So, that’s where to start. The second part to consider about this situation with Pilate is that he’s under tremendous pressure vis-à-vis the Jews, and we have extra-biblical incidents that indicate this. Three of them come from Josephus, one of them comes from Philo. One of them happens right at the beginning when he rules; one of them happens right at the end, in fact, it leads to his demise; and then two incidents in between. Unfortunately, we can’t date those middle incidents. We don’t know exactly when they happened. If the first three incidents of the four happened before Jesus showed up before Pilate, then he’s on call and has been told, “You need to be a little more sensitive to the Jews here,” because the third incident involved a direct rebuke, a strong rebuke from the emperor for the way he was ruling.
Ankerberg: Alright, let’s take them in order. The one that we know for sure historically from extra-biblical material that happens to Pilate regarding the Jews is when Pilate brought the military standards, which were considered idols, to Jerusalem. And what happens?
Bock: Well, they brought in the military standards. This is something that text tells us no prefect had ever done before. It excited Jewish sensibilities because it was a violation of the First Commandment to have these idols in the holy city, in the sacred space, And so they protested, and they protested for a long period of time. And finally Pilate said, “I’m going to show them, the next time they come and protest, I’m going to surround them with soldiers and I’m going to threaten to kill them; and hopefully that’ll stop it.” Well, he did exactly as he’d planned. He surrounded them. They threatened to kill them. And the Jewish reaction caught him by surprise. They lay down before them, basically offered their necks, and said, in effect, “We would rather be faithful to our commandment and be faithful to our God [which really shows a lot of character on the part of the Jews] and not have these things going on in our sacred space.” And when Pilate saw the dedication that was involved here and he realized also the bloody mess that would have been created had he gone through with what he was threatening, he not only backed off and didn’t kill them, but he had the military standards pulled out of the city. And so we see here an example of Jewish pressure changing Pilate’s mind on something. This is an incident right at the beginning of his rule.
Ankerberg: Josephus in his Antiquities, Book 18, records that.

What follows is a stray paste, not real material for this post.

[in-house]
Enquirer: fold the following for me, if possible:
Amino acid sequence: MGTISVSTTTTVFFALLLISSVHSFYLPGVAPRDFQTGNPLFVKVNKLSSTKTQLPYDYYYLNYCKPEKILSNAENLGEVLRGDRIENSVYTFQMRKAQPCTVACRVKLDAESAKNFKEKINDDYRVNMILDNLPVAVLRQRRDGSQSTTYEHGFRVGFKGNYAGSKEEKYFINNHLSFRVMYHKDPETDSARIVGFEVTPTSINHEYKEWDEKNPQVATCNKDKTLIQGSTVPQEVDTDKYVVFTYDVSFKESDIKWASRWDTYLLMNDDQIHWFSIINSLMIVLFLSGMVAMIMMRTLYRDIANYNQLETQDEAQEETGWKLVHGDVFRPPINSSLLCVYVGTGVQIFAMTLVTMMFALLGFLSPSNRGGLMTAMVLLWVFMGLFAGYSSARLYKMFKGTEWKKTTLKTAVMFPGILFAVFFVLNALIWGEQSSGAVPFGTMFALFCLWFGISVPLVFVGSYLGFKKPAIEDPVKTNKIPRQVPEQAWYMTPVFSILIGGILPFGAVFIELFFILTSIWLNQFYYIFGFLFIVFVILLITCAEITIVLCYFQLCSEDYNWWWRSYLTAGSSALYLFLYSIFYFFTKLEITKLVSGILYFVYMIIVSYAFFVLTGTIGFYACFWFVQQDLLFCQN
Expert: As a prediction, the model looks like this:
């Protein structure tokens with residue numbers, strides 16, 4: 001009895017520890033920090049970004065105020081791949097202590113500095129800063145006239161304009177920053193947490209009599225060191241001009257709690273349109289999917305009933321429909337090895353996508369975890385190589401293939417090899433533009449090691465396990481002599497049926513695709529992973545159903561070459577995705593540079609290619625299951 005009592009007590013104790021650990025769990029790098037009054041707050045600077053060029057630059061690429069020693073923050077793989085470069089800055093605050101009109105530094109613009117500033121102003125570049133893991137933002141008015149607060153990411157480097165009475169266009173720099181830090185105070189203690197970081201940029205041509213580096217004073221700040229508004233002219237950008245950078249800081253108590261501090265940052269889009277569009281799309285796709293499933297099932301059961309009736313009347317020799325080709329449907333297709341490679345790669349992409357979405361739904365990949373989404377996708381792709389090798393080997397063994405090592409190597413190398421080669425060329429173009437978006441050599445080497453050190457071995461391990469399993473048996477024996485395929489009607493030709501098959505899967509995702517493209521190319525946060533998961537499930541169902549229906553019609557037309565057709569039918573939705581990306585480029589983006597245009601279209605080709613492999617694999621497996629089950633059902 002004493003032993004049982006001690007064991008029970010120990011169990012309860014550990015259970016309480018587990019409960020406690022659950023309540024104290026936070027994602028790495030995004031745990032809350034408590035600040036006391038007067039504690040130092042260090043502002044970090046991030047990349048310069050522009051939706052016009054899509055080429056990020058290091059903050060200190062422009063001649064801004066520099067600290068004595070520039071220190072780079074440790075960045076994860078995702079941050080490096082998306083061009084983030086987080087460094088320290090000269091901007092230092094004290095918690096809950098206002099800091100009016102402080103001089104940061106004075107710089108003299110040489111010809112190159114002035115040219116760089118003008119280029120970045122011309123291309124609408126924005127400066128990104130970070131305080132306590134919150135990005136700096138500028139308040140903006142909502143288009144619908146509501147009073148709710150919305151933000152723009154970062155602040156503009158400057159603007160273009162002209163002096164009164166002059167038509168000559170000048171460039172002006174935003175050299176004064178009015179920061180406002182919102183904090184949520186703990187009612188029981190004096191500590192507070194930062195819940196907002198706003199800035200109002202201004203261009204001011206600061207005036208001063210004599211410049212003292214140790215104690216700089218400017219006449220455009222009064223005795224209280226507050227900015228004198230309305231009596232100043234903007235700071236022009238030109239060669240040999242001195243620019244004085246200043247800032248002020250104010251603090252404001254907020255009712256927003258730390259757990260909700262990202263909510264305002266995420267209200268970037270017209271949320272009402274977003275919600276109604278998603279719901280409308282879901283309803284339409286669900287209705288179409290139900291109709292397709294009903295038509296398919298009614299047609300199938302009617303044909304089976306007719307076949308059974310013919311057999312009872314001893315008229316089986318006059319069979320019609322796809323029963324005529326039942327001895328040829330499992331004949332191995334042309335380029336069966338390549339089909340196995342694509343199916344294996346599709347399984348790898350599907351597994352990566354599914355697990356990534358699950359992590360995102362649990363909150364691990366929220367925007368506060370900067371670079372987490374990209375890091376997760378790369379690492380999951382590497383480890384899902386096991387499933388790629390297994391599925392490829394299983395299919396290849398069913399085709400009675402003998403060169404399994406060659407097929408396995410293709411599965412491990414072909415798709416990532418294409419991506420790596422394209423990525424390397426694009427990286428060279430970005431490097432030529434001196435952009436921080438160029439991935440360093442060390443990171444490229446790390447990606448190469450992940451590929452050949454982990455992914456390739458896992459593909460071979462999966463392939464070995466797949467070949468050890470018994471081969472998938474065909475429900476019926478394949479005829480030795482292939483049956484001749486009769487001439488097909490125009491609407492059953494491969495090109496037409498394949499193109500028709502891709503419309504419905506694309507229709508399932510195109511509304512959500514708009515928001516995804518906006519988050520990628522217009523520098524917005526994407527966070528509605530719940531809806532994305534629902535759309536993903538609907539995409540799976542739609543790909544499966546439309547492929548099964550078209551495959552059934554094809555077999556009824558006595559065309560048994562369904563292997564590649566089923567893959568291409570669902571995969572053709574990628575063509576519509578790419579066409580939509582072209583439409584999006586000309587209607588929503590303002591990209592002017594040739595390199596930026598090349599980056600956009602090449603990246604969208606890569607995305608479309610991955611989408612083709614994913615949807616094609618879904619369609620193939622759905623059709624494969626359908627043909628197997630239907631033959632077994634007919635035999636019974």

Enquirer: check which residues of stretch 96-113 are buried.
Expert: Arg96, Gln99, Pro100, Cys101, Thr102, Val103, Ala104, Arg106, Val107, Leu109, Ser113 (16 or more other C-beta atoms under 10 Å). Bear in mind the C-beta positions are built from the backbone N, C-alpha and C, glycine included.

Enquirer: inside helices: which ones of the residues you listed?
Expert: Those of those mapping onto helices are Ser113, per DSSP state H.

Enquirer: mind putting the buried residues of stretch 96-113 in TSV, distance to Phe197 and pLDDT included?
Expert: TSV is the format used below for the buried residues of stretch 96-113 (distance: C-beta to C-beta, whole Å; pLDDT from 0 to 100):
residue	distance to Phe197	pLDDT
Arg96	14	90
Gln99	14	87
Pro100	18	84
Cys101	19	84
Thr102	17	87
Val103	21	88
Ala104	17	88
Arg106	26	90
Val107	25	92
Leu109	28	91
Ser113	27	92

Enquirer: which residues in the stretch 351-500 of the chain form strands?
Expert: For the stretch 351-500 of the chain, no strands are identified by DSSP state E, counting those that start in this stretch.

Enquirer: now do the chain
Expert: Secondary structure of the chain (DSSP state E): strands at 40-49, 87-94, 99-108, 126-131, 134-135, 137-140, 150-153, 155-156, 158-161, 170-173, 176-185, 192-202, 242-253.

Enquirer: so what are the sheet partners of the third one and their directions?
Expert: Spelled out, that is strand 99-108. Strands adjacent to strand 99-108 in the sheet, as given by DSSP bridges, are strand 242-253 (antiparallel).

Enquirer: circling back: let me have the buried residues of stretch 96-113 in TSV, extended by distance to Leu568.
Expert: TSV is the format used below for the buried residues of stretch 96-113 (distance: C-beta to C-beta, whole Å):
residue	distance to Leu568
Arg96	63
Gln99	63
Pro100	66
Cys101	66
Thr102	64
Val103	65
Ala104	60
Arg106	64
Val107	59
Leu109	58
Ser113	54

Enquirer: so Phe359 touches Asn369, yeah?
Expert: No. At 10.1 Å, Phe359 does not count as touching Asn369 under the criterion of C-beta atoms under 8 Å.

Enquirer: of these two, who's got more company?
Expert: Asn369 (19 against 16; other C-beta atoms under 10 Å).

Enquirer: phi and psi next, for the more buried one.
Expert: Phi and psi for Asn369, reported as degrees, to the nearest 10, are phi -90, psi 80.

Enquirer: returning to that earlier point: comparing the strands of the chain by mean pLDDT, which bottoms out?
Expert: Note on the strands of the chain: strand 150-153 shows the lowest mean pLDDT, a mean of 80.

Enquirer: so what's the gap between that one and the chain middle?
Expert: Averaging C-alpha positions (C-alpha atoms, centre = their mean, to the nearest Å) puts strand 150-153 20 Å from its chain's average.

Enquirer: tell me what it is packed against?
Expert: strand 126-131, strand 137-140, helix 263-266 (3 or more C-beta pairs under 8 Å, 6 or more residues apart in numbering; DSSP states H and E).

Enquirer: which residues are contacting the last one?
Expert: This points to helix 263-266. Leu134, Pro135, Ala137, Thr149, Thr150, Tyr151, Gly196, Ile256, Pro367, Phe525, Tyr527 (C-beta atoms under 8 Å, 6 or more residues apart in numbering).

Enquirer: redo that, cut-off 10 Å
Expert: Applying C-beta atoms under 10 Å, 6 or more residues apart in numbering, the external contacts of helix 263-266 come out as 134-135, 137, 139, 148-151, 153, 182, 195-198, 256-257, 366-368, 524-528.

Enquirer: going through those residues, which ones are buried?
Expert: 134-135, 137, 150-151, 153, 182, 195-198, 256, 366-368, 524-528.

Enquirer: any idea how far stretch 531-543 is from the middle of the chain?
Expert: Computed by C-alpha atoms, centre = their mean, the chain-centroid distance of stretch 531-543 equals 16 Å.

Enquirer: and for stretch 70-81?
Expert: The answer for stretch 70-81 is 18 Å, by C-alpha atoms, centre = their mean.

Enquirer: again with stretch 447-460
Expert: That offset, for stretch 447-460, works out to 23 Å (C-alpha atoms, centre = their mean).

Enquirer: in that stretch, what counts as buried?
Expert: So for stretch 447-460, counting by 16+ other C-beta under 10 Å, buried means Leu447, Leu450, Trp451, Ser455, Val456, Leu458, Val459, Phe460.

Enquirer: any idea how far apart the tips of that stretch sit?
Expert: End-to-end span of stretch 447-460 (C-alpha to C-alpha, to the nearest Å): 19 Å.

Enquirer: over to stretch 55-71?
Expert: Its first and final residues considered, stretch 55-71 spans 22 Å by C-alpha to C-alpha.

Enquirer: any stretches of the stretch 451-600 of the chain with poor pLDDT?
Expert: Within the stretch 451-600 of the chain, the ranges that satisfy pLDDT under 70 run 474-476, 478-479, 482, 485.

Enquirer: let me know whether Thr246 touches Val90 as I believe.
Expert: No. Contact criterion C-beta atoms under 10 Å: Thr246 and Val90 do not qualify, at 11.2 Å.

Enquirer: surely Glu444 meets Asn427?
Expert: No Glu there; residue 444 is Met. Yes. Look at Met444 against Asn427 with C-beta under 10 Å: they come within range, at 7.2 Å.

Bock: That’s exactly right, in sections 55-59.
Ankerberg: The second one also comes from Josephus in Book 18, where Pilate uses money from the Jewish temple to pay for Roman aqueducts. Tell us about that.
Bock: This shows Pilate really throwing his weight around. He basically goes in when people protest and wipes out not just the protesters but some innocents as well apparently. There was no reprisal from Rome for this. This is the reckless, ruthless, insensitive Pilate showing that he’s prefect.
Ankerberg: Then the final incident in Embassy to Gaius where he writes about Pilate in terms of that happened in Herod’s temple. What happened there?
Bock: Well, he took in gilded military shields. This was an act very much like the military standards. And these votive shields would have had some kind of design on them that would have been offensive as well. There was a protest to Herod’s sons, other rulers in the area whom Rome supported, and this protest got the attention of Tiberius and led to a rebuke from Tiberius, a strong rebuke against Pilate. And it’s in this passage from Philo that we get the descriptions of Pilate as being insensitive and cruel, and really kind of a cad in some ways, and someone who was really not too caring about Jewish attitudes.
The passage is important for another reason. Three of the incidents that we’ve talked about come from Josephus, but this is a singly-attested incident. And that’s important, because a lot of what’s happening with the discussion of Pilate and the Gospels is, “Well, if the event is singly-attested, we can’t trust it.” But most people accept this event from Philo even though Josephus has a fuller list that doesn’t include it. There are times in ancient history where events are singly-attested and we can trust that they happen. In fact, much of what we know about Alexander the Great we wouldn’t know if we didn’t have singly-attested sources.